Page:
A senior U.S. official said the U.N. Security Council is likely to adopt a resolution on Tuesday urging a “full and complete” investigation of the killings of civilians by security forces in the Central Africa Republic, the first such resolution in more than a decade.
But that resolution, if it passes, would be months away from taking effect.
The U.K. and France are also expected to make public their views of the Security Council’s deliberations.
The African Union, which has also voiced support for the Security Council resolution, says the killings must be investigated.
Security council resolution Calls for investigation of crimes against humanity and genocide committed against Central African republic civilians by government forces in recent yearsThe African Union and the U of A are both pushing the U, U.A., and U. N. Security Councillor Nkosazana Dlamini-Zuma to investigate the killings and the crimes they are committing.
A member of the African Union said Tuesday that the resolution was “very significant” but added that the U., U. A., and the Security Committee are still “in the process of developing their position” and that the council could take another step.
Security forces killed more than 2,000 people in the weeks after the election in December 2015, according to an African Union report released Tuesday.
The report said the killings had occurred after President Michel Djotodia called a military offensive to quell opposition protests.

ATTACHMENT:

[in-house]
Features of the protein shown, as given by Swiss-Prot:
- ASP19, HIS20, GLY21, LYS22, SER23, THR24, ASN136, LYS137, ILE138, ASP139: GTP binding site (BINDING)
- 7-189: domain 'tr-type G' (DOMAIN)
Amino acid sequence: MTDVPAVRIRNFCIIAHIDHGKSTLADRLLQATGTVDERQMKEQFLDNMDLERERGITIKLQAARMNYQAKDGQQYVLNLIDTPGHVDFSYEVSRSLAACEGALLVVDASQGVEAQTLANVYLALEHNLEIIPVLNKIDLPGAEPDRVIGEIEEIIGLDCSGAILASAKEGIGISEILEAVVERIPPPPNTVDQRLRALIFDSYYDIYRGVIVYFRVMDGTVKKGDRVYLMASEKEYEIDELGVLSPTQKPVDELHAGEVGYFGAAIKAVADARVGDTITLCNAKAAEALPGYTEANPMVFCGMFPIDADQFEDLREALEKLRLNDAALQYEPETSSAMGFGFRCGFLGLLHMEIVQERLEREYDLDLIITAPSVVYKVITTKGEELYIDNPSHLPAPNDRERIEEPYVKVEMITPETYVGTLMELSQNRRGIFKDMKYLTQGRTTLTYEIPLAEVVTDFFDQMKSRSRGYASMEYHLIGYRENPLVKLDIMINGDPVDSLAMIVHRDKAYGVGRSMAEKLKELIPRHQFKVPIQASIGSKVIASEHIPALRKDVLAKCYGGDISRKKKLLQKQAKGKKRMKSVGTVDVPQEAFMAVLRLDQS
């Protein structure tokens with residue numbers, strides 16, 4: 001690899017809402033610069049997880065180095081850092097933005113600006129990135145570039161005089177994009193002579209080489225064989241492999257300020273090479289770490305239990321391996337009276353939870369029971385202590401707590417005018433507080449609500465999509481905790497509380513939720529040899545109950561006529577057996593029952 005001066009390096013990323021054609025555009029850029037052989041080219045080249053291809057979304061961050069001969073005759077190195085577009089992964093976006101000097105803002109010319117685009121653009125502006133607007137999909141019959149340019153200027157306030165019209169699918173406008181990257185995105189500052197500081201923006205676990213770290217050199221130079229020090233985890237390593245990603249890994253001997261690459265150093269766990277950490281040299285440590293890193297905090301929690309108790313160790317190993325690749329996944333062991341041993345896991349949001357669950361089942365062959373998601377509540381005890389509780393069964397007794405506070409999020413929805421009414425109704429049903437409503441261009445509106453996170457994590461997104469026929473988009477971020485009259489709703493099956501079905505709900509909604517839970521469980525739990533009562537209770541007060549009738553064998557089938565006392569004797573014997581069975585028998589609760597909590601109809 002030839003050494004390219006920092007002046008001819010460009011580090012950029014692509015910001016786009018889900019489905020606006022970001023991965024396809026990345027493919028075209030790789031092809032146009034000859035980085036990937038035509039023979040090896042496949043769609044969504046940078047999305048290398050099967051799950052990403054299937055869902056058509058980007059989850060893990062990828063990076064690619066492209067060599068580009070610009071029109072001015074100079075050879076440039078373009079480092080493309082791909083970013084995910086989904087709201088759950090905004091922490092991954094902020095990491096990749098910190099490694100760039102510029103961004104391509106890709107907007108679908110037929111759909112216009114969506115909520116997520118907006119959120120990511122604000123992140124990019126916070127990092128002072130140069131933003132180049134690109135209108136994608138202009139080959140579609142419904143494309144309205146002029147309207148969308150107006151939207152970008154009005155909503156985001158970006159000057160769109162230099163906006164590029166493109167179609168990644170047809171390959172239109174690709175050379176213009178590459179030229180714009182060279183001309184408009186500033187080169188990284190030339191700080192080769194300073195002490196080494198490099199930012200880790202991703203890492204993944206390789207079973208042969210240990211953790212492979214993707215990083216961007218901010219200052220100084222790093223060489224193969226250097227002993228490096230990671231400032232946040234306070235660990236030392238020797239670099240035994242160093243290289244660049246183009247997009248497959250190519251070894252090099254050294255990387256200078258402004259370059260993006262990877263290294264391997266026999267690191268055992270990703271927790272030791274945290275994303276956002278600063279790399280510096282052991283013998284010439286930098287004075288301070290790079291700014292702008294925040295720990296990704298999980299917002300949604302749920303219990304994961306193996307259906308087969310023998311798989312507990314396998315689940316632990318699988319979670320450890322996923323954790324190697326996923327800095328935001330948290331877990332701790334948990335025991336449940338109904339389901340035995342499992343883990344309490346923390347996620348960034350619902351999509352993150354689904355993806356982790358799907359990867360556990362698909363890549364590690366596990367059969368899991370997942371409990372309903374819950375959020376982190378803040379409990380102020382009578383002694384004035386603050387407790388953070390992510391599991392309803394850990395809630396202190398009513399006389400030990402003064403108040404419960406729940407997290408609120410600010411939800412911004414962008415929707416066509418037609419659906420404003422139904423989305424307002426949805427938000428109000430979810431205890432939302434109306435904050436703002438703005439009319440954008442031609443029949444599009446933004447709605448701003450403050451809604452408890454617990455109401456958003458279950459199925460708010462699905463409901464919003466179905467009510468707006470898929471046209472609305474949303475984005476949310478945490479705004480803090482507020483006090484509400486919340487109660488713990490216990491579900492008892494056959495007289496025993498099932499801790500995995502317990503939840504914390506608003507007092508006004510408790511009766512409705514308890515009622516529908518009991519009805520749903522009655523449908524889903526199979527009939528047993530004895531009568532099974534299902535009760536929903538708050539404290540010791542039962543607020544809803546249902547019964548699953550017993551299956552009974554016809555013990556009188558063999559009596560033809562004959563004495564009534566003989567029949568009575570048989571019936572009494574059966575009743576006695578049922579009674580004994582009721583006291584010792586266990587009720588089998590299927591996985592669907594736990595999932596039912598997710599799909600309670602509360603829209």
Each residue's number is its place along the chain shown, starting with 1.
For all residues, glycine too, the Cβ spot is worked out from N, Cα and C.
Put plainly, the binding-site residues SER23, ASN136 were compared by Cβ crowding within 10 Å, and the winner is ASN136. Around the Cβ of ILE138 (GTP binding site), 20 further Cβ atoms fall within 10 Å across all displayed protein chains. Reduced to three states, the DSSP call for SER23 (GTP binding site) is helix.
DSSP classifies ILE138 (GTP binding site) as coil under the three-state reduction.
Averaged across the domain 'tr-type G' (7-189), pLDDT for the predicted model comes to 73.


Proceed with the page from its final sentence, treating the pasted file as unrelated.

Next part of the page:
Dlaminis-Zumans government has repeatedly denied any responsibility for the violence.
A new government was sworn in last month but has not yet been sworn in, leaving the Central Africans in limbo.
Draminis-zuma says security forces are not capable of protecting civilians from attacks by foreign forces, saying that is a “major mistake” that must be corrected.
He said he believes the U and the Council have been acting irresponsibly, and that he is looking forward to seeing the resolution adopted.
He added that his government is “ready to cooperate” with the council.
In his statement Tuesday, Dlamis-Zamara said he “has always made clear that the situation in the Democratic Republic of the Congo (DRC) needs to be addressed.
The DRC needs to end its conflict and return to normalcy.”
President Dlamins-Zemba was sworn into office on Nov. 15 after nearly two years in office.
His first mandate came after the 2014 coup that toppled him and his government, which had been in power for nearly six years.